Why Are “Retired” Chimps Still Waiting in Labs for Their Freedom?
Following a long battle for their freedom, chimpanzees suffering in labs got a victory when the National Institutes of Health (NIH) formally announced it would be retiring most of the ones it owns or funds. After lifetimes spent in cages, they would be free to lay in the grass, climb trees, build nests, form bonds with each other and enjoy the freedom of choice at sanctuaries.
However, the announcement was tempered not only by the decision to leave 50 behind, but also by concerns about how their retirement would be funded. Despite the widespread support to get these chimps out of cages and give them the retirement they deserve in a suitable habitat, their long-awaited freedom has been lost in fights over spending bills in Congress.
In 2000, Congress passed the Chimpanzee Health Improvement, Maintenance and Protection (CHIMP) Act, which mandated the establishment of a national sanctuary system to provide lifetime care for federally owned or supported chimpanzees who were retired or no longer needed for research. Unfortunately, the cap on the $30 million that was allocated for their care at the time will be reached this month.
If the cap isn’t lifted, when it is reached the NIH won’t have the funds to relocate chimps who are retired or pay for the care of more than 100 chimps who are already at the National Chimpanzee Sanctuary in Louisiana, which is operated by Chimp Haven. The NIH currently covers 75 percent of their care there.
Now, 60 chimpanzees that have been designated “permanently ineligible for biomedical research,” are waiting at the New Iberia Research Center for Congress to act on their behalf, and there are still more than 200 waiting for their turn to follow.
At the end of September Senator Tom Harkin (D-Iowa) introduced the CHIMP Act Amendments of 2013 (S. 1561), which will allow the NIH to exceed the cap and shift money already allocated for their care to caring for those in retirement through 2023. Moving these chimps from labs into sanctuaries isn’t just an ethically sound decision, but it will also save money in the long run because caring for them at sanctuaries is less expensive than caring for them in labs.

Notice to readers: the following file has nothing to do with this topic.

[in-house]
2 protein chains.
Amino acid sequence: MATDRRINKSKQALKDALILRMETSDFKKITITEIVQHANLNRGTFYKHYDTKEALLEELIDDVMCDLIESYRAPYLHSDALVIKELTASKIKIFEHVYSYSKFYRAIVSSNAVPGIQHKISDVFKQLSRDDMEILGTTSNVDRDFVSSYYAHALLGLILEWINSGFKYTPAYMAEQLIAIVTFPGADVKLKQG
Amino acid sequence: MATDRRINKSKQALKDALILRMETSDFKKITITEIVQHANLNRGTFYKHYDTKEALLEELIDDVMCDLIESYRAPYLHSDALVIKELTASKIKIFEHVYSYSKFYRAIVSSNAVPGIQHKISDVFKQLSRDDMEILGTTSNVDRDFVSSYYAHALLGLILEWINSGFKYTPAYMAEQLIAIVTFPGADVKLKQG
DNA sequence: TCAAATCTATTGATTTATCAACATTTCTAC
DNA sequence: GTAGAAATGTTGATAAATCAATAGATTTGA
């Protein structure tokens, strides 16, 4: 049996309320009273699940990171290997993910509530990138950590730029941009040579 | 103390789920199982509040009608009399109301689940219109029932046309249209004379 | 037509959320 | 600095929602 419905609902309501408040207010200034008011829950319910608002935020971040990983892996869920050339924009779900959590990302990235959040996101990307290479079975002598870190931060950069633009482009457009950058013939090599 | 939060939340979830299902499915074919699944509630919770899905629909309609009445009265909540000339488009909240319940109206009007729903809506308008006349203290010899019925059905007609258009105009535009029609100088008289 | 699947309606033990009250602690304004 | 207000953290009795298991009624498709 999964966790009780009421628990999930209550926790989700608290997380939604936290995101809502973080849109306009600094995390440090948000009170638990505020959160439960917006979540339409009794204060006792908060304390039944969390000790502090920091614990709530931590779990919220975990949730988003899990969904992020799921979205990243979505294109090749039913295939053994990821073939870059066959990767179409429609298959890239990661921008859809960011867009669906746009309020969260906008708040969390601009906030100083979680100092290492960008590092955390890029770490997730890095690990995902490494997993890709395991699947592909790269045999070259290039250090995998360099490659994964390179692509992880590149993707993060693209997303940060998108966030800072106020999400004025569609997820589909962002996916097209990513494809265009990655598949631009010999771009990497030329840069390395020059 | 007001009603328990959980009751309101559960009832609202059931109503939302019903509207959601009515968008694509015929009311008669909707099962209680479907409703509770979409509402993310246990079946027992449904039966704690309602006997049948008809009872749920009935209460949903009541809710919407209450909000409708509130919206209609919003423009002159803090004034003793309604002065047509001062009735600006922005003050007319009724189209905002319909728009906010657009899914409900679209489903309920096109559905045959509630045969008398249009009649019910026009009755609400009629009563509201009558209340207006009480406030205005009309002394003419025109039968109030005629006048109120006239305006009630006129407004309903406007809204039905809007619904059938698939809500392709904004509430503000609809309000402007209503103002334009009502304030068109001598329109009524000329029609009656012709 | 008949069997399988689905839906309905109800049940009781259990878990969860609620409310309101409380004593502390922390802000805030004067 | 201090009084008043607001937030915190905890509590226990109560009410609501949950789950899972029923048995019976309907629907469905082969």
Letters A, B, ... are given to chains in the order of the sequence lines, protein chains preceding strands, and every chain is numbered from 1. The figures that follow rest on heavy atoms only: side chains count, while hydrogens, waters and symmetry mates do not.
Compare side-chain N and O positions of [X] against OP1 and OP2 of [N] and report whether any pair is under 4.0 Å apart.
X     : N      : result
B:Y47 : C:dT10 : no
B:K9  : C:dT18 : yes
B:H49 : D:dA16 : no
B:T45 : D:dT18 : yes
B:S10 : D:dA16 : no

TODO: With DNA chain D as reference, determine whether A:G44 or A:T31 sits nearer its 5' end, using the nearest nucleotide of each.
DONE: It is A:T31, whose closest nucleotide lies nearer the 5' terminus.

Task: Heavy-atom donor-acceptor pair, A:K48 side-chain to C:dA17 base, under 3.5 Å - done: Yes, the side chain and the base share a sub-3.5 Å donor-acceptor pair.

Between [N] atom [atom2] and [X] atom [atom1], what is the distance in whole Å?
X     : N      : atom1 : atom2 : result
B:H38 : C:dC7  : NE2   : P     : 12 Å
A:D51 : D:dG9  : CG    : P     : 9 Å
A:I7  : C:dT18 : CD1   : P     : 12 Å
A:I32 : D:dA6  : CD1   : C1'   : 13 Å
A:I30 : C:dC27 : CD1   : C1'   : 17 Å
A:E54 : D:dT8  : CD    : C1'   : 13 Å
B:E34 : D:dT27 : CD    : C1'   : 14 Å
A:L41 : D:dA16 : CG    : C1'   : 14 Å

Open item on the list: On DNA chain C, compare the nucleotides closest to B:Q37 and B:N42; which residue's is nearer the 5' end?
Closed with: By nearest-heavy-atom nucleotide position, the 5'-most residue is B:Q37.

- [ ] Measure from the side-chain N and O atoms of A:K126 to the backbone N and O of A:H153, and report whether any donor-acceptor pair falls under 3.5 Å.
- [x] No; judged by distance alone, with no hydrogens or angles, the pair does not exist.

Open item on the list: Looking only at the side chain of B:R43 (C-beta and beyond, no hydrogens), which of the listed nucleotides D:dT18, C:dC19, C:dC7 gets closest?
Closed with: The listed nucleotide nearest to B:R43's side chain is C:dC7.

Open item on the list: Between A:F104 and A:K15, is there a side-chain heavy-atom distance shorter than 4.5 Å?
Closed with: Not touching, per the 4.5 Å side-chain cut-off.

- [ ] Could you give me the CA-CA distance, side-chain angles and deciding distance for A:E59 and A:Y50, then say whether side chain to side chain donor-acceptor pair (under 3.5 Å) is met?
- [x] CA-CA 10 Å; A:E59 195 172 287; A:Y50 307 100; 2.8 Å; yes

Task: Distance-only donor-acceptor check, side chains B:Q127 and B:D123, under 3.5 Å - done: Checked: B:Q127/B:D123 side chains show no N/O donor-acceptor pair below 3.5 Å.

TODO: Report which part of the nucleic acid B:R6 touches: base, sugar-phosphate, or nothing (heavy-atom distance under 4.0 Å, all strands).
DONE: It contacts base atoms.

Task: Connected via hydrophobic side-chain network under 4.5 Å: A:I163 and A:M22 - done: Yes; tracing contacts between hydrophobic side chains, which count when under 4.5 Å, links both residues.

So far, the bill is getting bipartisan support. It was approved by the Committee on Health, Education, Labor, and Pensions and was passed unanimously through the full Senate last week. It is now being considered in the House.
“Now that the Senate has acted, I hope that the House of Representatives will quickly take up this important bill to ensure that NIH can use resources it already has on hand to ensure these chimps’ well-being now and in the future,” said Harkin in a press release.
Chimp Haven, has already started construction needed to retire the remaining 60 chimps who are waiting at New Iberia and has been fundraising through its Road to Chimp Haven campaign since 2012 with the intent to significantly expand its capacity to take in more chimps in the future.
Please sign and share the petition asking your representative to support this important bill for chimpanzees.
Photo credit: Thinkstock